By RoxanneB 19 Aug 2022 7 min read

My flight training experience so far

Introducing James Scott

I’m James, 21 and currently training to become a commercial pilot in the United Kingdom. From a very young age I was interested in planes and flying, and I don’t think there were many air shows my parents didn’t take me to!

It started with the way the aeroplanes flew and how big they were (to a 7-year-old!) to believing ‘I can and want to do that!’ Now, what attracts me to pilot jobs is the general lifestyle. I'm not an ‘Avgeek’ or someone who’s overly interested in aircraft, but I love the concept of having an office at 30,000ft travelling to various destinations around the world, meeting and working with a new team on a regular basis.


My Journey to an aviation career 

My journey is somewhat different to the normal Integrated route with one of the big companies. I’ve done all my training through the modular route which has allowed me to work alongside doing my training.

I started working in the school holidays at the age of 14 to put money into flying and attained my PPL at Redhill aged 18 with a little help from my parents and family. Then came the hour building which I began to power through whilst working in an accounts department and warehouse packing during the evenings. I also worked with landscape gardeners as a labourer and for family and friends in order to find money to fly!

Along came Covid which scuppered the flying, so I made the decision to do the ATPL exams through distance learning whilst still working. This, for me, was a lonely experience attempting to learn heaps of content through online recorded lessons and books and with no other future pilots to have a bit of banter with or check you were on the right track with something.

After 8 months of trying to learn the content and to put it bluntly, feeling like I was failing, I took the plunge and quit my job to do the exams full time with L3 Harris in order to get pilot jobs. This was the best decision I've made with my training to date. I had 6 months of intensive learning with top class instructors who helped me enormously and made some good friends.

Currently I’m back to finishing my hour building (approximately 25 hours) whilst working before I can take the next course which is the Multi engine Instrument Rating and Commercial Pilots Licence.

Like I have said, my journey is vastly different to the Integrated route, but it has allowed me to continue earning money alongside training which is enabling me to pay for some of the courses in full, accommodation and hour building by myself and that makes me feel I am really achieving more than completing a course. I work long days, evenings and weekends to fit in flying and working around each other.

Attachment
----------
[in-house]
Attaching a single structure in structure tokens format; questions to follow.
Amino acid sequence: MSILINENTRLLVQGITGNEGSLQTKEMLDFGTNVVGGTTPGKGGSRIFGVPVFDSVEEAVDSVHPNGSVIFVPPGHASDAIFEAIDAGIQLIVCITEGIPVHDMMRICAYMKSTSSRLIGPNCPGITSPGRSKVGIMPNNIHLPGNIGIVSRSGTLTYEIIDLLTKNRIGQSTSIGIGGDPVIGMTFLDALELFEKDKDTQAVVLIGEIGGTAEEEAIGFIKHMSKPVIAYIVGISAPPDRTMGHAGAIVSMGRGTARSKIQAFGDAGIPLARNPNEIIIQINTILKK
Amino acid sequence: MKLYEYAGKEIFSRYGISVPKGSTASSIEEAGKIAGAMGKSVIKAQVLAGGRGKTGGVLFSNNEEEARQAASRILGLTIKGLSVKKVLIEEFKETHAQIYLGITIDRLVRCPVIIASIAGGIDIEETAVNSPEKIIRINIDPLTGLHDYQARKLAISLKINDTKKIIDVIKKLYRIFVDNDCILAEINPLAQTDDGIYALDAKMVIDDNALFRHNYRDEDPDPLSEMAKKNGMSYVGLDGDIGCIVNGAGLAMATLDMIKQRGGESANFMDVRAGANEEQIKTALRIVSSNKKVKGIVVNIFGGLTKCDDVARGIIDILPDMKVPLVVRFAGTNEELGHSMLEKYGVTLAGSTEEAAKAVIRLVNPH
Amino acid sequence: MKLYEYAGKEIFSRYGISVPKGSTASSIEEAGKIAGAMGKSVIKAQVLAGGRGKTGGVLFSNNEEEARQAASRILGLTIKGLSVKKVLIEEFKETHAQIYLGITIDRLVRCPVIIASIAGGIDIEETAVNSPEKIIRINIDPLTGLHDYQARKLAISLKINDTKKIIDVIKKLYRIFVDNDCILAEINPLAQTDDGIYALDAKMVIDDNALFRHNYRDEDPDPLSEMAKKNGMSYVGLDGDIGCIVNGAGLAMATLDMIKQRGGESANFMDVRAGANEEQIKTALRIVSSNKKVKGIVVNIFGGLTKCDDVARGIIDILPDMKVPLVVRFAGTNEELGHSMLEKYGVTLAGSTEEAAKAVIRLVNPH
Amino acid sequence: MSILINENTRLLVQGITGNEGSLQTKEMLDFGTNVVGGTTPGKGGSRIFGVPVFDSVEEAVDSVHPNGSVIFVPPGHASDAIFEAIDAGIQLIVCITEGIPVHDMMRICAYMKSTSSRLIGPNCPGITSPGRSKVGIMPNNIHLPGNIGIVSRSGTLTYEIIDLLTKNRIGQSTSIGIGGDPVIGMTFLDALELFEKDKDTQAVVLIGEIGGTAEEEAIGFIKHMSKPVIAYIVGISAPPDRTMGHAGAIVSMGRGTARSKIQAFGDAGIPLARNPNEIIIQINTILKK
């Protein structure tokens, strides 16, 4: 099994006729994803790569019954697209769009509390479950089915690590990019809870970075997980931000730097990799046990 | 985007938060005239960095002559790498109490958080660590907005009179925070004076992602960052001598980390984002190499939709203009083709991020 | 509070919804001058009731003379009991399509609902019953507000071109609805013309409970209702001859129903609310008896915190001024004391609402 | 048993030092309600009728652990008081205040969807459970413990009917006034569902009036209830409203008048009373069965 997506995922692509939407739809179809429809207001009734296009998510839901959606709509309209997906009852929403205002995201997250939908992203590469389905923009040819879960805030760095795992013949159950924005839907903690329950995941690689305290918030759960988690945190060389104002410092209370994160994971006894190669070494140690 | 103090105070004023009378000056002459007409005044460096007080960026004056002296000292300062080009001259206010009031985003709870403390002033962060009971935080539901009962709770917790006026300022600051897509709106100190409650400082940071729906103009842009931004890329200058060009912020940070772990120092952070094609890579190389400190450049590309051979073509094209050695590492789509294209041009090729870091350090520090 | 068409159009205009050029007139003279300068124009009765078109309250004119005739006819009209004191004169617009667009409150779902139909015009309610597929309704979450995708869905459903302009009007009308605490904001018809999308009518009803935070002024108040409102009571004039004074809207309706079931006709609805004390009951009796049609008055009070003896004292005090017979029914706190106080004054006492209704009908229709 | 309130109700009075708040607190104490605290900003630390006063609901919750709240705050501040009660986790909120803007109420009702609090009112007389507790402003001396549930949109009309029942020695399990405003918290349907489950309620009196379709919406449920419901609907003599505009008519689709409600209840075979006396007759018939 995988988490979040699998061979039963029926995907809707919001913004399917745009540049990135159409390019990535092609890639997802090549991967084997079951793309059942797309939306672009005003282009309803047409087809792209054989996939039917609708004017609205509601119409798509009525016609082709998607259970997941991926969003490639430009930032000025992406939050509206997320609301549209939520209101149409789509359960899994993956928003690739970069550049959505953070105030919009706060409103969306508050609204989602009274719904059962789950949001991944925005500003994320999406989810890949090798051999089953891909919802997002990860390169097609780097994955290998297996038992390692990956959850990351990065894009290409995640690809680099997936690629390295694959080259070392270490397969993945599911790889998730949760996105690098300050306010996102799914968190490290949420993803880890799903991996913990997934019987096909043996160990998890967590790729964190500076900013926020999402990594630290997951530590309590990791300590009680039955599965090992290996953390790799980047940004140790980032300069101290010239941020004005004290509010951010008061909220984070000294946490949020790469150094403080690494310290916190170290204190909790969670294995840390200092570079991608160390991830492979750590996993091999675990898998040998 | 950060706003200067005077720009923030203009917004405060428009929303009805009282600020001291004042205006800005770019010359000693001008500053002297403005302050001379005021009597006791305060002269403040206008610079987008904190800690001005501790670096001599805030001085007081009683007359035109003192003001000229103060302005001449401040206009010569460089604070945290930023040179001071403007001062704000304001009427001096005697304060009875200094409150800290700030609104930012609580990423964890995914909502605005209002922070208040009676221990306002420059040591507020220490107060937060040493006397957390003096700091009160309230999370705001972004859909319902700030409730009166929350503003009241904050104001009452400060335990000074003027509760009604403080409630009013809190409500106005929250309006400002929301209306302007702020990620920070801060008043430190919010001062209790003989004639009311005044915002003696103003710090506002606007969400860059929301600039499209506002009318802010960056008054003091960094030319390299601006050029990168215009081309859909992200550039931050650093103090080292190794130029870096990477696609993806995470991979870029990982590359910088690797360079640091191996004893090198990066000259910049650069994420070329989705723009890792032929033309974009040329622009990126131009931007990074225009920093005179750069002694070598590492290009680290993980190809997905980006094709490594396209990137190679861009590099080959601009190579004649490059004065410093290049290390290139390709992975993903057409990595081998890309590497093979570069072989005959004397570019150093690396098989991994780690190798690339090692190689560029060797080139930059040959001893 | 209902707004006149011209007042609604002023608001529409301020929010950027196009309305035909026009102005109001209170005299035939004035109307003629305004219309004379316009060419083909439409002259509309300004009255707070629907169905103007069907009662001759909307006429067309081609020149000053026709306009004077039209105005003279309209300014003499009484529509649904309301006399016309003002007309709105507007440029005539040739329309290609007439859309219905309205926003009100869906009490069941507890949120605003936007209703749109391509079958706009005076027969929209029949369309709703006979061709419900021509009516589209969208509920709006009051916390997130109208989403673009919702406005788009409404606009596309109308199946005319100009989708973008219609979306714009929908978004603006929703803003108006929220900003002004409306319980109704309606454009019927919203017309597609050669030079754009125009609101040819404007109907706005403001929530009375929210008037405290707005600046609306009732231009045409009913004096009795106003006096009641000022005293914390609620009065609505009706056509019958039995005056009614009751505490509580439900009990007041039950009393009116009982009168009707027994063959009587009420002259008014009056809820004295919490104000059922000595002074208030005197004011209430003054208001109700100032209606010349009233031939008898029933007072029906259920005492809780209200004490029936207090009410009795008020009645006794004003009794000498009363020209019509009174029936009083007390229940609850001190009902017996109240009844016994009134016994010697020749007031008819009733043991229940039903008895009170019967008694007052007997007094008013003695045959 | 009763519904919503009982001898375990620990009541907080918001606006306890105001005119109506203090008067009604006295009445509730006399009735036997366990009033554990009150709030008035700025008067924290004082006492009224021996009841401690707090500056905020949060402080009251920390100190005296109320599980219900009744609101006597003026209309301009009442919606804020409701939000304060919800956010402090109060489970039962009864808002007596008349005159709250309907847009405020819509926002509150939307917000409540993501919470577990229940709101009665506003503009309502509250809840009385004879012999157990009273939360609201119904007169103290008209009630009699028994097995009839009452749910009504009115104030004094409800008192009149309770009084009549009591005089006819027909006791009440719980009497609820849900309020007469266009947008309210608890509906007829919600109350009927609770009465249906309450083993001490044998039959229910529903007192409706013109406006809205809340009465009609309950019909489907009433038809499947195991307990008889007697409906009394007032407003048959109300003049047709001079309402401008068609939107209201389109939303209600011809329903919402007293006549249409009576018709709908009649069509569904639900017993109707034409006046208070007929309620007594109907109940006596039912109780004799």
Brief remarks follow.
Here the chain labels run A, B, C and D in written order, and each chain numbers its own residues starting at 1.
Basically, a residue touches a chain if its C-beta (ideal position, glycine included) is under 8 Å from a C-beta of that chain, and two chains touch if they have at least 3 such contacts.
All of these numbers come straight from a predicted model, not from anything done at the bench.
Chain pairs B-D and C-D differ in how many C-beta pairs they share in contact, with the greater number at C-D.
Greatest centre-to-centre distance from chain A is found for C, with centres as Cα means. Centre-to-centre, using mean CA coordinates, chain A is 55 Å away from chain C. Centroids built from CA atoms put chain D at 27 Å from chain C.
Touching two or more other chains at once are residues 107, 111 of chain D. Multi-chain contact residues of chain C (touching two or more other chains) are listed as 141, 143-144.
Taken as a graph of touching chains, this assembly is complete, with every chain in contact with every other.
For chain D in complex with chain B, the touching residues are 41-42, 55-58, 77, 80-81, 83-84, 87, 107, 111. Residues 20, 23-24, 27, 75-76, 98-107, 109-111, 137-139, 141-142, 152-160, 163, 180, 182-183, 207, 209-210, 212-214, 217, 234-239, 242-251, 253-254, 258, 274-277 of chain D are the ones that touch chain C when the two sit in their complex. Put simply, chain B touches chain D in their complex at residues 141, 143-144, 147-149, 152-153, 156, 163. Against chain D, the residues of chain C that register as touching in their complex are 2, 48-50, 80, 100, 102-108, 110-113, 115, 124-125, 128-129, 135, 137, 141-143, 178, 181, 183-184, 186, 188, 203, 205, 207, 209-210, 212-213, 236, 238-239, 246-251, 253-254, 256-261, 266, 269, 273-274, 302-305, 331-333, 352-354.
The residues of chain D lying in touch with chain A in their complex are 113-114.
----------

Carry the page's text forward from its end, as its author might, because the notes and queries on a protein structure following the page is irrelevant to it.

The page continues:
At the end of the day becoming a pilot isn’t easy work (not that I’m quite there yet!), but I think it needs to be mentioned that you don’t need A* in your school exams or a degree from University to follow this career path. If you remain dedicated and self disciplined then you will succeed.


An average day training to become a pilot 

As a modular student I really don’t think you can have a ‘normal’ day. For me, across my training my days have varied to a great extent. It has ranged from taking off from Redhill at 9am - flying to Calais for some instrument approaches and a bit of breakfast before flying back - landing at 12PMand getting into the office to do general accounting tasks!

I recently flew to an airport near to my current job rather than sit on the motorway in the traffic jams; it’s a good way to complete the hour building. On the flip side, throughout my ATPL exams I attended classes from 8am to 4pm, took a break until 5:30pm whilst I grabbed some food and a quick trip to the gym before revising until 10pm.

I would definitely suggest that if you are considering a modular route, look at completing the ATPL exams during the autumn / winter as your flying time is more restricted with the weather and light so you won’t miss it so much.

Once I start the Multi Engine and CPL aspect of my training, an average day should be a flight in the morning and then working from home in the afternoon managing social media accounts with a PR firm, my current job!


3 Tips I’d Share to aspiring aviation professionals 

  1. It’s a long journey whichever route you take and trying to stay dedicated for that long is a struggle so make sure you take time away to do your own thing!
  2. Join Facebook/Discord groups for pilots. There are loads of other like minded people out there trying to get into the industry so find them, meet them and talk about flying! Throughout my written exams I was told by instructors that the people who come out with the best results are often those who find other people to work with and bounce ideas off.
  3. Shop around – Don’t jump in with the first flying school you find and avoid paying up front! Find a school that you can pay as you go and have a trial flight to see if you get on with the instructors.


Photo by Laurent Perren on Unsplash